Capital’s big plans for Australasian expansion

Kevin Clifford
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(Pictured: Kevin Clifford)

by Greg Bright

Capital Group has set some ambitious business targets for its Australian and regional offices over the next five years. With the help of about US$1 billion in expansionary spending, Kevin Clifford, who is in charge of international distribution, wants Asia Pacific and Europe to each more than double their assets under management by 2020.

“We’d like to have US$50 billion in AUM in Asia Pacific and US$50 billion in Europe, from just under US$20 billion in each territory now, and we plan to reach that by 2020,” he said on a visit to Australia last week.

Clifford, the president and chief executive of Capital’s American Funds Distributors Inc, and president of the Institutional Investment Services division of Capital Group, agreed that the targets implied an AUM from Australian investors of about A$20 billion – no small task for the local operation which was launched only three years ago by Australian head, Paul Hennessy. Capital has an 11-person Sydney office, including a nascent retail operation, and medium-term plans for a Melbourne office too.

Clifford also serves on the Capital Group Companies Management Committee and is a 33-year veteran of staff-owned Los Angeles-based Capital, which has nearly US$1.4 trillion under management.

The firm is starting to shake off its Australian image of an institutional-only global equities shop, albeit one with a long track record with Australian super funds, and roll out a broad range of both retail and institutional strategies and products.

The additional US$1billion committed globally for the next five years will be spent in three broad areas:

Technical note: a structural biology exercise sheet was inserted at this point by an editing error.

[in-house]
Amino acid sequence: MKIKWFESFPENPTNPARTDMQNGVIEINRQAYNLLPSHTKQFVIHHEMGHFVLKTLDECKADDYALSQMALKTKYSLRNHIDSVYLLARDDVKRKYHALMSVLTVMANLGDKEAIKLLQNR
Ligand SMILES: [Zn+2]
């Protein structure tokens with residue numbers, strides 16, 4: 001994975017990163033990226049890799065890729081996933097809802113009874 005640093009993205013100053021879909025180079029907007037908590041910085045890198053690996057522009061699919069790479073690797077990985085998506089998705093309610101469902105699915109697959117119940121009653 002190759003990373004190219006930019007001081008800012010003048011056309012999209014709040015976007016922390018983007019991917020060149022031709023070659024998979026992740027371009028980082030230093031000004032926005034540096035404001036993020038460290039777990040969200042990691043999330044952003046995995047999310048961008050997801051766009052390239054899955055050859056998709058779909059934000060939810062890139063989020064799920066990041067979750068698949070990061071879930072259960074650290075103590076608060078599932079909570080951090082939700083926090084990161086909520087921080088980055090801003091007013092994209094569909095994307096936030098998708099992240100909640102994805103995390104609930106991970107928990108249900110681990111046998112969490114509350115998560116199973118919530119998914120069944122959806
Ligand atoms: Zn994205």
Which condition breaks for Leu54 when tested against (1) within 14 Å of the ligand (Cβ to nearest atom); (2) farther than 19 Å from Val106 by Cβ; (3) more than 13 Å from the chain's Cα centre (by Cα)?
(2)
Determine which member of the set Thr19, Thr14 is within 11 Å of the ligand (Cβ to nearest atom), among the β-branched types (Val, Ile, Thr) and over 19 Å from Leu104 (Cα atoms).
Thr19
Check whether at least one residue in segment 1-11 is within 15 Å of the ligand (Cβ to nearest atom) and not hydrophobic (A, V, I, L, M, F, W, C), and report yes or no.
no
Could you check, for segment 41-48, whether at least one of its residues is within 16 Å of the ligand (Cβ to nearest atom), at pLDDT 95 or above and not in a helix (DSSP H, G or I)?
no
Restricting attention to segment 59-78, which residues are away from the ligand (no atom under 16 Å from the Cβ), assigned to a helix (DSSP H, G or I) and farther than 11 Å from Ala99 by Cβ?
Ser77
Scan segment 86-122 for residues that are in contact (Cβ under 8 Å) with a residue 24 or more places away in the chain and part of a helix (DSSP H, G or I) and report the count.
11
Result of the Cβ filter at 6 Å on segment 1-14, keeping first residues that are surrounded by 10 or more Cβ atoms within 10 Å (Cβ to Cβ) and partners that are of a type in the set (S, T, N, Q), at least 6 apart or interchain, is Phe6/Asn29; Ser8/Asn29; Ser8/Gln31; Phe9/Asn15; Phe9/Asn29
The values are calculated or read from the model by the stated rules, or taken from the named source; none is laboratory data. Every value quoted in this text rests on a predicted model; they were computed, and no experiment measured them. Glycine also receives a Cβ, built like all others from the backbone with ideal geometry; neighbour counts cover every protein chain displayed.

>  Growing investment capabilities globally with a net increase in staff (after natural attrition) of between 4-7 per cent. The firm currently has about 350 investment professionals. Of the 11 investment and research offices, five are in the Asia Pacific region.

>  Completing the rebuild of its bespoke “multi-manager” Capital System architecture, which will cost about $300-400 million. At Capital, both analysts and portfolio managers manage money, even though they are all staff (no external managers).

>  Expand distribution around the world. In Asia Pacific, Japan had reached its full complement, Clifford said, alongside Hong Kong and Singapore. Singapore houses many back-office functions.

Clifford said the Capital System meant consistent results among all the individual portfolios with the firm’s active style tending to offer additional protection in down markets.

Its style also fits neatly with the trend to outcomes-oriented investing well suited to the growing demand for retirement products. In the US, three new retirement strategies will be launched around September this year and a taskforce has been established to enable these to be exported to other territories.

For Australia, the “New Perspectives” global equity fund will be launched later this year to be followed next year by three funds in the multi-asset space.

“We’re the largest multi-asset manager on the planet,” Clifford said. “That’s the largest part of all the money we manage. And you’ll start to see those portfolios [in Australia] from later this year.”

Answering both the main criticisms of retirement products in general, which have to do with relatively high cost and lack of flexibility, Clifford said that Capital’s products were tailorable from conservative to aggressive and the company was also working on attaching them to an insurance vehicle.

He said the firm already had low fees, averaging just 26bps across all its funds. “We want to bring out low-cost vehicles with good investment results.”

To get around problems associated with size of funds under management, Capital splits itself into five distinct investment organisations, three of which are for equities, one for fixed income and one for private equity. It has found that, for its style, about 70 is the right number of people to cover the globe within each group. The groups have their own analysts and trading desks and don’t share their research.

The technology spend allows for continued advances in communications between all staff, which would otherwise be another disadvantage of size, as well as more efficient management of the money, accounting and compliance.

It also helps with hiring and retaining younger talent. For instance, gone are the days when analysts and managers were prepared to wait for the dissemination of printed research reports. They want them now, in real time, Facebook style.

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